On 19 April, the National oil Corporation (NOC) declared force majeure on its Arabian Gulf Oil Company (AGOCO) subsidiary operated Hariga oil export terminal in Tobruk including both production and export operations at the port. The NOC directly blamed this on the Central Bank of Libya’s (CBL) failure to transfer funds to the NOC. It claimed that has exacerbated the debts of AGOCO and other subsidiaries and has left them unable to fulfil their financial and technical obligations, which is leading to a reduction in production. The NOC said this will reduce the country’s total oil production by around 280,000 b/d.
The NOC statement stressed that circumstances beyond its control had led to AGOCO’s lower production because it had only received 2% of the total budget that it needed to cover its expenses for 2021. It warned that, if the central bank continues to block the necessary funding, other shutdowns are likely to occur. For its part, the bank insists that it cannot release the funds because the approval of the 2021 Budget has been delayed by the House of Representatives.
The UN Support Mission in Libya (UNSMIL) immediately expressed concern about the shutdown. It said that ‘The uninterrupted production of oil as well as maintaining the independence and impartiality of the NOC remains a vital cornerstone to the economic, social and political stability of Libya’ and added that ‘this is of critical importance for the government that is requested to improve the delivery of basic services to the Libyan people.’
Separately, on 22 April, another of NOC’s subsidiaries, Sirte Oil Company, announced that it will be forced to ‘reduce production and halt it completely within 72 hours.’ It blamed this on its ‘very critical financial situation, the inability to fulfil contractual obligations to contractors, accumulation of debts and the lack of spare parts, fuel and chemicals required for operations.’ This announcement could lead to force majeure being declared at the Brega oil export terminal in the coming weeks.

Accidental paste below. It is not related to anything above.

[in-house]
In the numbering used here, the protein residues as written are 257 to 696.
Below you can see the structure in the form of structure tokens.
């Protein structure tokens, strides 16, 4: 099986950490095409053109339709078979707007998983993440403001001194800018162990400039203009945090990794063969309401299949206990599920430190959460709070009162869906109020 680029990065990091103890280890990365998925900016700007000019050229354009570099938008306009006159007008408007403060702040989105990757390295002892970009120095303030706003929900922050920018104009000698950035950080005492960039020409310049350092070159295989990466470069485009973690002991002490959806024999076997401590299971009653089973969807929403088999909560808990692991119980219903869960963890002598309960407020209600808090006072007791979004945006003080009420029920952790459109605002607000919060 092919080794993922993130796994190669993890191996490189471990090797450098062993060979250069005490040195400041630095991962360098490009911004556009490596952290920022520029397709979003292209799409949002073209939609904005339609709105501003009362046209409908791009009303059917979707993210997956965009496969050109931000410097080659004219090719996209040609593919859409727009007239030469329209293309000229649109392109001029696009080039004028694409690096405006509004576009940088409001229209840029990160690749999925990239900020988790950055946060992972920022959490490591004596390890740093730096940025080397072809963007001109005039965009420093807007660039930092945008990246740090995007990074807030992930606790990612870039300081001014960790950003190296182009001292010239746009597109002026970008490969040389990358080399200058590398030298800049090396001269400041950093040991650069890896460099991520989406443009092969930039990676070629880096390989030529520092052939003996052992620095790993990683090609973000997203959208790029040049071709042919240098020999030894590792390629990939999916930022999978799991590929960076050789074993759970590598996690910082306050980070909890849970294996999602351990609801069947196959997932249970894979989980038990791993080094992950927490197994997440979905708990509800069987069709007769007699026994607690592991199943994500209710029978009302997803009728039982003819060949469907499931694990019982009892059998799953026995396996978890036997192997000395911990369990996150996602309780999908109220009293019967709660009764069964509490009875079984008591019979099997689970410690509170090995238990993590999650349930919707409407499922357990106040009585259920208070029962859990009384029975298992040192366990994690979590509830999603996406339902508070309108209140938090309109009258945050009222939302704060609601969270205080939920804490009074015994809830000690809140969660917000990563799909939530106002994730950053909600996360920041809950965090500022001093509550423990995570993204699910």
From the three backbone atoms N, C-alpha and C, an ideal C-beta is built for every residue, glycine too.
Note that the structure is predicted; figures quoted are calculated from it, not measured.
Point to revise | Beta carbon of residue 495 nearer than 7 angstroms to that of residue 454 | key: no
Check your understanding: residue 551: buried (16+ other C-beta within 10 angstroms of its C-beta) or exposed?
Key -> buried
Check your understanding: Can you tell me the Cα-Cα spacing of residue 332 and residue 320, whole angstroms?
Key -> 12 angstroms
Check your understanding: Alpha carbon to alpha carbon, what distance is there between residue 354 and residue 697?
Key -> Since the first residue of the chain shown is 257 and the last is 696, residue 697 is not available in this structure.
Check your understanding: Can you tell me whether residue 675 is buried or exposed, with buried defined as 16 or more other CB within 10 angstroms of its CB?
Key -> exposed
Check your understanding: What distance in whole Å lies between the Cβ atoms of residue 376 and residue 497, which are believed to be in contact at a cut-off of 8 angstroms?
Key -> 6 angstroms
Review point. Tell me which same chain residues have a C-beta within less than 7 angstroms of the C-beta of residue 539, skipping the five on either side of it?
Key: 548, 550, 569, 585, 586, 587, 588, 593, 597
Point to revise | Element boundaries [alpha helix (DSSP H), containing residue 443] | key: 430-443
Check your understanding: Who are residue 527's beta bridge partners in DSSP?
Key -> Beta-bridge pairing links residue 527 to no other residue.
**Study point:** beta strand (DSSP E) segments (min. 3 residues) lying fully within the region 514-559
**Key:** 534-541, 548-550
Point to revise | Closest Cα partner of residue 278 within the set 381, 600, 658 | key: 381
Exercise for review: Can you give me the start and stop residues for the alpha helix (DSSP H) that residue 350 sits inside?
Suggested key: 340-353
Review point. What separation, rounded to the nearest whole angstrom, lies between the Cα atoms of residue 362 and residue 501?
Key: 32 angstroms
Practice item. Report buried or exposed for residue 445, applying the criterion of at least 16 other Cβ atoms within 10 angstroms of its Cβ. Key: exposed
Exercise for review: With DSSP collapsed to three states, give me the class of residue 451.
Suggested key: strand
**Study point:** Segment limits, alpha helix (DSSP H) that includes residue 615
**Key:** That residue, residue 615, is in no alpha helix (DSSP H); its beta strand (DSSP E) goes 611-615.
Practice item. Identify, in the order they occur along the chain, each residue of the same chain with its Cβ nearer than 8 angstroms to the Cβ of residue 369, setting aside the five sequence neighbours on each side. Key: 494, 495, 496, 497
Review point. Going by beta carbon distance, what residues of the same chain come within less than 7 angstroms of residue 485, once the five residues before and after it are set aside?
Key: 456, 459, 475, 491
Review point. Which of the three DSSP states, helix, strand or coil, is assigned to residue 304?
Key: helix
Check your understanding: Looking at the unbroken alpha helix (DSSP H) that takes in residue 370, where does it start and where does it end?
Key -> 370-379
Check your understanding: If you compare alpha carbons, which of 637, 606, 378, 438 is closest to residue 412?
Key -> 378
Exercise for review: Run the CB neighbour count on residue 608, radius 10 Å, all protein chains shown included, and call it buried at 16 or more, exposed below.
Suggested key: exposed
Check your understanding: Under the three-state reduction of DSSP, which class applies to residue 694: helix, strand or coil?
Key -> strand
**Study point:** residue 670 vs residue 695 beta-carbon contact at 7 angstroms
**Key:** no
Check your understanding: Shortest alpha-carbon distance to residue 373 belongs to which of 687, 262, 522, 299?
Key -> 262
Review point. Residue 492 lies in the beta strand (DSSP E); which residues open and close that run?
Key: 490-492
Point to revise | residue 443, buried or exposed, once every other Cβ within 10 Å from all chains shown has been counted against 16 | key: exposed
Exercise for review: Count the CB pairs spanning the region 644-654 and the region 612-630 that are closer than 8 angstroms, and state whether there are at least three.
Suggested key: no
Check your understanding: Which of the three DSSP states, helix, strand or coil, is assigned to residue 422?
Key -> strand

This rift between the CBL and NOC reflects the animosity between the NOC chairman Mustafa Sanalla and the bank’s Governor Sadiq el-Kabir. Sanalla is likely to use the threat of these closures to pressure el-Kabir to release more funds. The risk with this tactic is that it could embolden other NOC subsidiaries to reduce their production levels to apply similar pressure on both the bank and the Government of National Unity (GNU).
The oil sector is also in the throes of a new struggle for influence and control, despite the September 2020 deal signed in Sochi between representatives of Haftar’s LAAF and the former GNA which led to the reopening of oil terminals which had been blockaded by the LAAF for over eight months. The agreement stipulated the temporary freezing of the NOC’s oil revenues in its Libyan Foreign Bank (LFB) account until a new unity government was formed. In addition, there would be a unified national budget in order to provide the NOC with the necessary operational funds to continue its operations. Though the LFB funds have since been unfrozen and transferred to the central bank, el-Kabir has refused to provide the NOC with its operational funds because of the lack of a House-approved national budget.
El-Kabir has allied himself with Minister of Oil Mohamed Aoun in accusing Sanalla of having a monopoly over the energy sector which currently has no proper government oversight. They also accuse Sanalla of mismanaging the NOC but he has powerful allies among the leadership of key NOC subsidiaries and also the backing of Khalifa Haftar. Eastern Libya has long been calling for el-Kabir’s removal, not only because he has overstayed his mandate, but also because he is closely allied to the Islamist hardliners in Tripoli. Last week, the Ministry of Finance agreed to disburse LD1,000 million (US$223 million) to temporarily cover the NOC’s operational expenses but these problems will not be permanently resolved until there is an officially approved budget.